Captains and crew comment on onboard security cameras

Jul 31, 2013 by Guest Writer

What do captains and crew really think about onboard security cameras:

Once people start getting into private time and areas, cameras need to go. No spying is allowed on my vessels, by either owners or vessel crew.

It is inevitable that there will be cameras in yachting. I just hate being filmed covertly.

Extremely valuable. Safety and security concerns, of course, but also useful for delivering excellent service to guests.


Infrared cameras are critical for navigating at night and for safety.


They are brilliant and add to the safety and security of the operation. I’m all for any equipment or gadget that gives me more information for the purpose of enhancing the safety of the owner, his family, guests, and the crew, right down to water temperature and redundant interfacing of systems information.


I have mixed feelings; they’re mostly OK though.


They are necessary for safety and security and an assistance in providing better service for guests, but other than that should not be used.


Cameras are to observe boarding areas to monitor access. Once a predator is onboard, they need to be removed, not followed around on camera. Also, not to be judgmental, but interior cameras could prove to be too tempting to crew members and their unwarranted curiosity of intruding on the privacy of guests.


They are a tool whose use should be scrutinized.


Great for watching anyone but me.


I have always been a proponent of cameras in dining salon and other common areas. I do not have them on my current boat but how nice would it be for the stew to enter the dining salon only when needed versus constantly checking/intruding on the guests. Particularly nice for the guests is a stew who seems to always magically appear when their water or wine needs refilling, when they spilled something, or when they look like they might need something. Safety-wise it is extremely important on the exterior common areas with kids on board. It could easily save a child’s life.


Done well, they could be an asset.


Great tool to aid in security and monitoring engine rooms.


They have to be a plus, and they are getting better, smaller and more useful as technology improves.


They’re good to have but just another “not absolutely necessary” system to monitor, service and repair.


When used as tools to improve safety or operation of the yacht without infringing on people’s privacy, they are great.


A must for deck and engine room monitoring.


Privacy is paramount.


They are a great deterrent for unwanted guests and criminals. Audio listening devices are strictly forbidden anywhere on board.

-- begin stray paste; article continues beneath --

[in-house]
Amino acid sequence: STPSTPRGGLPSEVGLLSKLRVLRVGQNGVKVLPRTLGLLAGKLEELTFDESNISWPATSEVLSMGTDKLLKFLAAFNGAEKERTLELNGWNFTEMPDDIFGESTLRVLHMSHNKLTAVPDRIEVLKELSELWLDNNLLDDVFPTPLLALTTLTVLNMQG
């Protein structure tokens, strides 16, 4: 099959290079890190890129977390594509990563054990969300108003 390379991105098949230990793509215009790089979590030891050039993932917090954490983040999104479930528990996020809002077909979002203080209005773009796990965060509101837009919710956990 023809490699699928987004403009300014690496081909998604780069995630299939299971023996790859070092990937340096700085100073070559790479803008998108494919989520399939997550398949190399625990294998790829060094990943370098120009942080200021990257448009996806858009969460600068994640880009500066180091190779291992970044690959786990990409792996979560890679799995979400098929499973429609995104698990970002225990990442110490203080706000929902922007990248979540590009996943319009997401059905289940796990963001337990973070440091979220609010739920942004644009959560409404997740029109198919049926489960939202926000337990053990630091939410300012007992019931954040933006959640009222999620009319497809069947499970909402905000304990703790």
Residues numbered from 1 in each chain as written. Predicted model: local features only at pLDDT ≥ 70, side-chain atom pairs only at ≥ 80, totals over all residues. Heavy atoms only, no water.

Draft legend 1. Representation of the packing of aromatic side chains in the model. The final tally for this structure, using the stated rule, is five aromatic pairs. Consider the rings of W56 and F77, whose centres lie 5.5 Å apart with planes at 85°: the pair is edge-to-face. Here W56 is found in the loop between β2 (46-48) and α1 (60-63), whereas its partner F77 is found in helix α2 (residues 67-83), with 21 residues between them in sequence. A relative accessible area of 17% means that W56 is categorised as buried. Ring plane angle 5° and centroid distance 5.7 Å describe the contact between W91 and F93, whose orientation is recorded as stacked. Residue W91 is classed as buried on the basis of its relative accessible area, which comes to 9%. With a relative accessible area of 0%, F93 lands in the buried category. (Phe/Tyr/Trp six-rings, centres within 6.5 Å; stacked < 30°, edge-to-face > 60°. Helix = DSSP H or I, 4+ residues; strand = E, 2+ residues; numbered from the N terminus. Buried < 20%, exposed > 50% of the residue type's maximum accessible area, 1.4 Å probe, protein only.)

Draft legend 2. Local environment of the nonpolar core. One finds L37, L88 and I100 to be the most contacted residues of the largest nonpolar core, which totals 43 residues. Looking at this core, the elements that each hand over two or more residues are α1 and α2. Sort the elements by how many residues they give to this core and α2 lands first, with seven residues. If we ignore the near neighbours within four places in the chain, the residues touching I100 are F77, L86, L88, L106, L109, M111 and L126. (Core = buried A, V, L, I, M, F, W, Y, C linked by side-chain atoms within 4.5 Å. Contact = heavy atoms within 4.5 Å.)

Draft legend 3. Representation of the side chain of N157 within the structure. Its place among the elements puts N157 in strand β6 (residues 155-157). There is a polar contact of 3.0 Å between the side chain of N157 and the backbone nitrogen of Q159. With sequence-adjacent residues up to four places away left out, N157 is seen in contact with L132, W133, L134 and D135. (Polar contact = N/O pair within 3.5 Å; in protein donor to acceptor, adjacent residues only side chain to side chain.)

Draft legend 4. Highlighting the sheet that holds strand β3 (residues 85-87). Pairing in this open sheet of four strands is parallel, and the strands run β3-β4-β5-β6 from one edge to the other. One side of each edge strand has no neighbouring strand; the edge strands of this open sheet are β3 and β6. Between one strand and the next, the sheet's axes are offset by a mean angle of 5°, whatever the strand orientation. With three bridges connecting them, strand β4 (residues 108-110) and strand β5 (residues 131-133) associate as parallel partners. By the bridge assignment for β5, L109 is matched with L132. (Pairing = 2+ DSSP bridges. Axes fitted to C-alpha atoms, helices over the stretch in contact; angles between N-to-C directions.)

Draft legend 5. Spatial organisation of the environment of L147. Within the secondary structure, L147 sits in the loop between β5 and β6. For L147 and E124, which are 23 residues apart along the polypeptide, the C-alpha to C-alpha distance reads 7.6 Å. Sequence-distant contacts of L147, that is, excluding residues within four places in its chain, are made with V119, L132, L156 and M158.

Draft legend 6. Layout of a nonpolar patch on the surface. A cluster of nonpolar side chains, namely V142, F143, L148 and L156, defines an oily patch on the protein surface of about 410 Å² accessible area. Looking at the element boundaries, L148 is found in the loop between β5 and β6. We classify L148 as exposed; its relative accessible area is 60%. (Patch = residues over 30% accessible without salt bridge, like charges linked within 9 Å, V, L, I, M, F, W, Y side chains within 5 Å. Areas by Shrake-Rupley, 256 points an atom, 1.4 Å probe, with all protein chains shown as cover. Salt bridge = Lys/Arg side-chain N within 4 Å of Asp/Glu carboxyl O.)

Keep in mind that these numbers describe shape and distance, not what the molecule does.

A pan-tilt-zoom camera is very useful for remote engine room or machinery space monitoring. This would be our next upgrade.


Cameras have become a fact of life. Everywhere you go, almost, you are recorded constantly. I don’t believe that cameras belong in personal spaces, but on the outside of the yacht, they are a good thing for security.


Placement should be for safety issues only, and not intrusion into private places.


Good tool if used correctly.


Related Articles

Overboard crew rescued day later

A crew member missing from the cruise ship Norwegian Getaway was rescued 21 miles north of Cuba by another cruise ship on Sunday, according to the U.S Coast Guard.

Many captains and yachts choose Ft. Lauderdale

The premise of this month’s From the Bridge captains luncheon might seem a little odd, but recent events in Ft. Lauderdale (discussions of a high-speed train, for one) have

MedAire opens new office

Global medical assistance provider MedAire has opened a new office in Ft. Lauderdale to support yacht crew in Portside Yachting Center at the southwest foot of the 17th Street

New eSAT service for Kymeta panel

New eSAT service for Kymeta panel

Palma-based communications company e3 Systems has developed a new VSAT service in conjunction with Media Broadcast Satellite GmbH for the Kymeta flat panel, according to a company press release. …

Edge opens in Spain

Ft. Lauderdale-based management company Edge Yachts has opened an office in Barcelona. Mikaela Favill, a former chief stew and sailing instructor, will lead the office at the MB’92 shipyard. …

Pandemic brings pros, cons of SEAs into focus

Pandemic brings pros, cons of SEAs into focus

By Dominic Bulfin With the prospect of limited or no use of their yachts for much of 2020 because of COVID-19, the temptation for many yacht owners was to